Death row inmate Walter Leroy Moody is scheduled to be executed Thursday night for killing an Alabama judge decades ago.
Judge Robert Vance died when a pipe bomb blew up at his home.
Moody was also charged with killing a Savannah attorney, Robert Robinson.
I sat down to speak with members of Robinson’s family.
“I want him to rot in jail. I want him to suffer.”
Robinson’s daughter, Edwina Holman, is talking about Walter Leroy Moody.
Holman was 16 when a pipe bomb, sent by Moody, blew up at her father’s law office in Savannah.
Holman would rather Moody stay in jail for the rest of his life than be put to death.
“The lethal injection, it was designed to be quick and painless. My dad’s death was not quick and painless,” said Holman.
Holman’s sister, Tiffany Birt, was just 10-years-old the day their dad died.
“I knew that it hurt and I knew that my family was hurting and I knew that I wasn’t going to see my father again and that hurt,” said Birt.
It’s a hurt that the family of Robbie Robinson has lived with for almost 30 years.
Robinson, a civil rights lawyer and Alderman for the city of Savannah was murdered in December 1989.
His sister, Barbara Pulliam, lives in Augusta and remembers how she got the news.
“I knew it was bad because when I called my mom and nobody said hello,” said Pulliam. “The phone was picked up and all I heard was screaming.”
Pulliam jumped in the car and headed to Savannah but didn’t make it in time to say goodbye to her only brother.
Neither did her sister Ruth Teasley, who was living in New Jersey.
“His picture flashed across my TV and it said that a mail bomb had been sent to his office,” said Teasley.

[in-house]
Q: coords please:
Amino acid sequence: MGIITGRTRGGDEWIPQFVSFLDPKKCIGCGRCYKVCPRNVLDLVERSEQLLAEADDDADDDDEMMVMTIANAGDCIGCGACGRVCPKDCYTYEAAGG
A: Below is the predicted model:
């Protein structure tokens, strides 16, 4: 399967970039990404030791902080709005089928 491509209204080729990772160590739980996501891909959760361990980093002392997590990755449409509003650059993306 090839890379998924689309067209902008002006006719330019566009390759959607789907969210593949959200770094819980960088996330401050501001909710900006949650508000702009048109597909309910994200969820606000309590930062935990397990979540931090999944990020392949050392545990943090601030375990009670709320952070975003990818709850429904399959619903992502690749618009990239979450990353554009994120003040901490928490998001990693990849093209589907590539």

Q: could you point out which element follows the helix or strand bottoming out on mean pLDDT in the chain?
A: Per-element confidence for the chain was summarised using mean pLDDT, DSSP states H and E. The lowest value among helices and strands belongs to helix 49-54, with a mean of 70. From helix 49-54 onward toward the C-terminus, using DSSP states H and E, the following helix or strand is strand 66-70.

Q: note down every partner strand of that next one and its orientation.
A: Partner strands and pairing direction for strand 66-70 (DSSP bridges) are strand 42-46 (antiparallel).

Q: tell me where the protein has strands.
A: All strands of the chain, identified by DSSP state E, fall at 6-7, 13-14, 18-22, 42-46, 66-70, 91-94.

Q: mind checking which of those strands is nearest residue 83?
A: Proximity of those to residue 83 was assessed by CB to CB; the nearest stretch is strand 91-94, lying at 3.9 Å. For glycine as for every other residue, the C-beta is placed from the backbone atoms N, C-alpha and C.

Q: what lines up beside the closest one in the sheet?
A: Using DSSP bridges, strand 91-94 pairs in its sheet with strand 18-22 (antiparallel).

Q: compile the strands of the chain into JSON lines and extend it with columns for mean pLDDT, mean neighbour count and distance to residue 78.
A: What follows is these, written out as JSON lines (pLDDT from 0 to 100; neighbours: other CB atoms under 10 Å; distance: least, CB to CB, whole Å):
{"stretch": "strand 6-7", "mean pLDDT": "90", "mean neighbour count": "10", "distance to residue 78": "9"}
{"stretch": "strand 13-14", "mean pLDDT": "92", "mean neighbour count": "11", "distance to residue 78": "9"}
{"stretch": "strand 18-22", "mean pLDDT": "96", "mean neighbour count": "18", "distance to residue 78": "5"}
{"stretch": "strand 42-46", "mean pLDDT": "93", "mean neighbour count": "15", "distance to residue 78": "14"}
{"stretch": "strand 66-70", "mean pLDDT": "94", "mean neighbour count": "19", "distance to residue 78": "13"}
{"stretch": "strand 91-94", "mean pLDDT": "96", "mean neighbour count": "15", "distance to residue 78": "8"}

She took the next flight to Georgia.
Just two days before Robinson’s death, a pipe bomb was mailed to the home of Alabama Judge Robert Vance.
Vance was killed and his wife badly injured.
“Why do you think your brother was a target?” I asked.
“Actually, this man didn’t even know him,” said Pulliam. “He had gripes with the judicial system. He was disbarred because of his previous action of sending explosives through the mail.”
Pulliam believes the attack on her brother was an effort to confuse police who were investigating the judge’s death.
“In order to throw them off, he looked for an NAACP lawyer to let them think it was a white supremacist act,” said Pulliam.
The plan didn’t work.
Authorities pieced together evidence linking Moody to the crimes.
In 1991, Moody was convicted of killing judge Vance and charged with mailing the device that resulted in Robinson’s death.
“Do you ever wish your brother’s case had been tried first?” I asked.
“They offered us that but my sister and I felt like it would be too much on my mom,” said Pulliam.
For this family who has suffered so much, Thursday night’s scheduled execution is bittersweet. Moody will finally be brought to justice, but it won’t bring back their loved one.
“I am just so thankful that I’ve lived long enough to see the day that he will be executed and finally get his ultimate penalty for the crimes committed,” said Teasley.
Today is Jeffrey Pulliam’s birthday.
He was 13 when his uncle died. He considers Moody’s execution a gift.
“The anticipation of death is worse than death itself and I’m pretty sure he’s thinking about it right how,” said Jeffrey.
Robbie Robinson’s memory lives on.
A park, a parking garage and even a scholarship fund are named in his honor. All symbols of a life well lived.